The Life Advice I Wish I Had in My 20s Now That I’m in My 30s
It’s strange to think that when I was in my 20s, I’d read articles just like this, wondering what I shouldn’t be taking for granted at this time in my life and what I should be doing differently. And now here I am, sharing with a fresh crop of 20-year-olds — or anyone else keen to read my musings, really — everything (well, a few things) I now wish I’d known back then.
For context: I’m 34 and have just moved out of a house share into my first solo apartment in North Bondi, Sydney (I’m loving living alone!). Career-wise, I’m doing exactly what I want to be doing, working as a lifestyle editor of the publication you’re reading right now. Love life-wise, I’m still not where I want to be, but I’m appreciative of all my experiences so far.
And while they say not to regret any of your decisions or actions in life as they’ve led you to where you are now, I have to admit… I do. There’s so much about my 20s I wish I’d done differently (stopped buying a new ‘going out’ outfit every week! Chased guys who weren’t interested! Drank to the point of not remembering! etc etc) and so much I wish I’d known about life in general back then.
In fact, there are probably enough lessons learnt for me to write an article a week sharing them all (hmm, that might just be a column idea right there). But to start, I thought I’d highlight a few — the life advice that popped up in my head first. And while you might already know them, my hope is that at least one you won’t and that this might convince you to try it.
Always Be Professional
This sounds so obvious, and I wish I could say I was always professional, but early in my career, I definitely wasn’t. In my first office job, I would show up in thongs, hungover and lacking any of the clear-headedness I needed to do my job properly. And sure, I worked in a marketing start-up, so it wasn’t quite as bad as it sounds, but thinking back on it, I cringe.
To those in their 20s, I say that though it might not seem like it at the time, keep in mind your career will likely be long and that the best way to start it is by always being professional. You’ll be taken more seriously, get ahead quicker and, most importantly, won’t cringe so hard when you reflect on how you acted at work back then like I do now.
Remember That Hard Work Does Pay Off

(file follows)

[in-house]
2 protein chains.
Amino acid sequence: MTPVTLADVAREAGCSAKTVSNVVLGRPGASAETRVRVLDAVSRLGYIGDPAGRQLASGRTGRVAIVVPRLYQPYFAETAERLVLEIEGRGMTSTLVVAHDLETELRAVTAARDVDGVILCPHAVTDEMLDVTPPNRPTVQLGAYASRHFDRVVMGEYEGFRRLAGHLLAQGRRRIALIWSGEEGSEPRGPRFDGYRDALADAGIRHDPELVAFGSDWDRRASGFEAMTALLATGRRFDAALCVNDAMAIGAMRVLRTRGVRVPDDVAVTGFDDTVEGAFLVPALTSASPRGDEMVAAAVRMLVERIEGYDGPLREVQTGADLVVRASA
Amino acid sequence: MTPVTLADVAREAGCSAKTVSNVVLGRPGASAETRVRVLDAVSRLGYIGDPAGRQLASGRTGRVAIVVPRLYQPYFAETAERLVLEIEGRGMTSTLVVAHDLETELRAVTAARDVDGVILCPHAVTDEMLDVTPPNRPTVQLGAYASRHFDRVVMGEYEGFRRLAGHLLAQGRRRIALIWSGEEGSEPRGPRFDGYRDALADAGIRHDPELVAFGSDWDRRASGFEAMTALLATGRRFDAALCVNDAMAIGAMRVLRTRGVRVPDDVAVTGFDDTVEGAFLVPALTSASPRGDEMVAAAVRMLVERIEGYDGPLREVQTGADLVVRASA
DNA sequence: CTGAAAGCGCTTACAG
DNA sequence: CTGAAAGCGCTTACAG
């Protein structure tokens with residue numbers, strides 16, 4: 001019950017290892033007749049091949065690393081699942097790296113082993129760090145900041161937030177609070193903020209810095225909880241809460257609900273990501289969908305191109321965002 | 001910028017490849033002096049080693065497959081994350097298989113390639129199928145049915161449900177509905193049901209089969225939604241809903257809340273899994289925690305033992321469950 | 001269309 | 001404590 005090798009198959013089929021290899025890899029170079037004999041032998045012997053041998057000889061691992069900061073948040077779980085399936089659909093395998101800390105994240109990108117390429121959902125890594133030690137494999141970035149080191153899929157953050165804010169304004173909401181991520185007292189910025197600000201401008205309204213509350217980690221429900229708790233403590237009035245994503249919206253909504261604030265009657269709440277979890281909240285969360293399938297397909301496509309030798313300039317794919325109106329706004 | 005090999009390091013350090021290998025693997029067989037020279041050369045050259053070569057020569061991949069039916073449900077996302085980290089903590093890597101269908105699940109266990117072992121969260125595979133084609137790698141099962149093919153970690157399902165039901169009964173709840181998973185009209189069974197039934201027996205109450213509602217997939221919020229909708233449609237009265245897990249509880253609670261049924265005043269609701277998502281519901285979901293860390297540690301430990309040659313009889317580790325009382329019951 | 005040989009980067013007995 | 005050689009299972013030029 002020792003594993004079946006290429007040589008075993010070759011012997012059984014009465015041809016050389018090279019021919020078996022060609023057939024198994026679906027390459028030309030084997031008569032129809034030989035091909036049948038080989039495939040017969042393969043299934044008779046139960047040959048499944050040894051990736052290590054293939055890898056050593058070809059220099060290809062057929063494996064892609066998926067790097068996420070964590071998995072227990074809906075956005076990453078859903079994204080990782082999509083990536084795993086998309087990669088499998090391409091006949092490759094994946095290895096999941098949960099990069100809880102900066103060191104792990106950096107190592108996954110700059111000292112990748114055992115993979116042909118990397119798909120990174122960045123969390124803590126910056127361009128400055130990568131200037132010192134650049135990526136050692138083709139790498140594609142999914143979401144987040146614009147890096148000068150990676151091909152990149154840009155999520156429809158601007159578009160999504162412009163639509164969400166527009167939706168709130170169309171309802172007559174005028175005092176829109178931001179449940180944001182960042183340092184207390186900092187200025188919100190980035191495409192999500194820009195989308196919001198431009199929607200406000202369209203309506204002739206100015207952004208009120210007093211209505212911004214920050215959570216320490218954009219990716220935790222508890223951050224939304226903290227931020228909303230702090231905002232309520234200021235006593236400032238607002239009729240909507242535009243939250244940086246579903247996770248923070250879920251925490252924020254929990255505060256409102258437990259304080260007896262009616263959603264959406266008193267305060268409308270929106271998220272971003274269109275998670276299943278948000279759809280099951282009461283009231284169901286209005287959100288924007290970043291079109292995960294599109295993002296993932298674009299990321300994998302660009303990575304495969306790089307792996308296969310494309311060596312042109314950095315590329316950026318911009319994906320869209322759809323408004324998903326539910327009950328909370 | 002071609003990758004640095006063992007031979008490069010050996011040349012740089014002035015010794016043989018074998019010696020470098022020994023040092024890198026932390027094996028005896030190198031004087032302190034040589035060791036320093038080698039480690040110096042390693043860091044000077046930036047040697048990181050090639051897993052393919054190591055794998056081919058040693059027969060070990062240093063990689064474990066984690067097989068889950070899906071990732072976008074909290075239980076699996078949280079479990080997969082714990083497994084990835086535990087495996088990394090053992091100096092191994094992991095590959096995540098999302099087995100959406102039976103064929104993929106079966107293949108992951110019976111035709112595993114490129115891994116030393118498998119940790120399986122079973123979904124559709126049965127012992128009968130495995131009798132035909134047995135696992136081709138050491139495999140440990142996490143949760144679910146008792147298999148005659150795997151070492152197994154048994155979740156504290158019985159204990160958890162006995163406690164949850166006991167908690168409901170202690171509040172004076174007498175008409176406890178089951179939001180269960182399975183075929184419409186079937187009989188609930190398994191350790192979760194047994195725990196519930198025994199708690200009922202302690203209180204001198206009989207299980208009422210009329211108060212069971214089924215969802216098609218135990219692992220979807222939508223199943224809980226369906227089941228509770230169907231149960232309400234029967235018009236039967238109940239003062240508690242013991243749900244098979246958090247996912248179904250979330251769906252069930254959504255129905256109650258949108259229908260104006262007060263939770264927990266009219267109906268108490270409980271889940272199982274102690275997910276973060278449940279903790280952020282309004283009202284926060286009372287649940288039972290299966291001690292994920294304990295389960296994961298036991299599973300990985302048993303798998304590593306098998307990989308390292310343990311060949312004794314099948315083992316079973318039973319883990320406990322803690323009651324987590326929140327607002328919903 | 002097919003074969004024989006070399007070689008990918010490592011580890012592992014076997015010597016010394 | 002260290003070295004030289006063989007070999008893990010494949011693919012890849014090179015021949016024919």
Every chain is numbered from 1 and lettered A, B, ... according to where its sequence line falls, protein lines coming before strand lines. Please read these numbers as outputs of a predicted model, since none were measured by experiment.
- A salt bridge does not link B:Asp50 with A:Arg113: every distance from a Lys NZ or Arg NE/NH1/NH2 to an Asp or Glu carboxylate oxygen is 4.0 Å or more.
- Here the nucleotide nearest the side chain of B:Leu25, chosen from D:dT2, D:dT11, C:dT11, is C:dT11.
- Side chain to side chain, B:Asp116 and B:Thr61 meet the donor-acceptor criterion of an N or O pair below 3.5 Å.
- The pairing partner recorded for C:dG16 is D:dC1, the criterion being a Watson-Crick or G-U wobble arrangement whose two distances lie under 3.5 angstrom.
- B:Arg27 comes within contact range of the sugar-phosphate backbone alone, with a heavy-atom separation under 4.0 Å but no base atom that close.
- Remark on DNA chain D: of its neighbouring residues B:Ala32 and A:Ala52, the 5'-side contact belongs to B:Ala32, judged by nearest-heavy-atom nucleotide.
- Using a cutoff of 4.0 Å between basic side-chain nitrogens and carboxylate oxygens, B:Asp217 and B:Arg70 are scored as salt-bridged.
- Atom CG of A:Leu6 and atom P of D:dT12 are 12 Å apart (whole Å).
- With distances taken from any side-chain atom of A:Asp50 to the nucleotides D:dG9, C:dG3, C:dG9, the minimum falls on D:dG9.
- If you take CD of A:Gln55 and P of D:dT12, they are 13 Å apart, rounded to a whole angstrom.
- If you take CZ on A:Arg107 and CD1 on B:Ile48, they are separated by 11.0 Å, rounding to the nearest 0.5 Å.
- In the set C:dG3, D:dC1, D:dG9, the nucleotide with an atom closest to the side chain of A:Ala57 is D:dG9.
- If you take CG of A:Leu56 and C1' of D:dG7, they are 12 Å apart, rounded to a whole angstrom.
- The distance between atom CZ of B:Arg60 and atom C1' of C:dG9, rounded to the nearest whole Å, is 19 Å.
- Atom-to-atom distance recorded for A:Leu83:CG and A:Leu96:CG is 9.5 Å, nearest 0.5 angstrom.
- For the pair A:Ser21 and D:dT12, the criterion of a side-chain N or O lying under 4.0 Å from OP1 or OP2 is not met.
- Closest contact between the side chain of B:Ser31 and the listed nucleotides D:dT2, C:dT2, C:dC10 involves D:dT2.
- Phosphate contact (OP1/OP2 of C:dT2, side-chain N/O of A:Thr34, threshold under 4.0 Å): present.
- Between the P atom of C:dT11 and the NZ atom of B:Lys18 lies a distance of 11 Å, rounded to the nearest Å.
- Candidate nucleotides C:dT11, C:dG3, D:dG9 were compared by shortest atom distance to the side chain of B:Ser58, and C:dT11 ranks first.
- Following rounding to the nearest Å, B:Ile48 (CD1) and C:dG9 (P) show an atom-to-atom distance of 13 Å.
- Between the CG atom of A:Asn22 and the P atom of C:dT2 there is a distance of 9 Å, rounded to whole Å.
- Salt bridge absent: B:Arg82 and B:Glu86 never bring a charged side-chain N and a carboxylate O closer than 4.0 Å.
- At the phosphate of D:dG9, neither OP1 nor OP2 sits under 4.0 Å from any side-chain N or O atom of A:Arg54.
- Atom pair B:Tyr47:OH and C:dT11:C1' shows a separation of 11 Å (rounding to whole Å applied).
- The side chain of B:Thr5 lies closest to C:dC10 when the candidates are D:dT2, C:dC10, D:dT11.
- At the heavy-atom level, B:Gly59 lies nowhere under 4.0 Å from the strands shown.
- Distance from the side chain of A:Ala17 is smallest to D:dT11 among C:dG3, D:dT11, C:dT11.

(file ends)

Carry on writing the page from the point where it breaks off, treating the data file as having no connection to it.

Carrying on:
Once I did decide to be more professional and try to get a job in what I loved — lifestyle journalism — I learnt that hard work does eventually pay off. I worked my butt off in an unpaid internship at age 25 and at a writing job with shifts that went from 5pm until 2am (seriously) to eventually get me to where I am now. The path was windy, and I veered off slightly several times, taking roles I wasn’t excited about but knew I needed to do to get me where I wanted to be and in the end, I got there.
Again, early in your career, you might not even be able to fathom waking up every day to do what you love, but keep reminding yourself: you won’t be in the job you’re in now forever.
And while I do say that as a person fortunate enough to be from a middle-class family who was able to afford to send me to uni, and I know that some people never end up doing the work they want to be doing, I still want to make this point: hard work — in any area of life, not just career — does eventually pay off.
Start Doing Therapy Early
Granted we’ve come a long way from ‘therapy’ being a taboo topic — when I was in my early 20s, I used to think of it as ‘woo woo’. Anyone who talked to me about it would be branded a ‘hippie’ in my head. I imagined people who went were deeply troubled and lay on couches moaning about their life while someone wearing tiny glasses scribbled about them on a notepad.
Then, when I was 29, I started seeing a therapist I immediately clicked with, and our sessions ended up changing my life — and I’m not being dramatic.
Without getting too technical, as I’m not a therapist myself, in the first few years of our lives, our brains are sponges, absorbing information about the world and then interpreting it. That faulty core belief system, with a common one being “I am worthless”, “I am inadequate” and “I am a failure”, then runs automatic, unconscious thoughts in our brains for the rest of our lives, leading us to behave in certain ways. Until we become conscious of these beliefs and stop believing our thoughts, we’ll keep getting in our own way.
And one of the best ways to do this is by doing talk therapy. Find a therapist you actually like, tell them what you think of the world and what you’re doing as a result of those beliefs, and the two of you can work out which of your behaviours may be holding you back from where you want to be.
Trust That Things Will Work Out
And finally, I’ll end on this vague, but so true life lesson. A lesson that if I’d heard said in my 20s, I 100% would’ve called lame. But these days, I say it again and again in my head anytime I feel anxious about my life not being where I thought it would be at 34.
But I’ve learnt, from how things eventually worked out in my career, things will work out in other areas of my life. I’ve learnt that as permanent as your life situation may feel at the time, it’s not. Everything in life changes and the best way to move through these changes is to give up any resistance and instead, trust that everything will eventually work out. And who knows, it may even be a better outcome than what you ever could’ve imagined.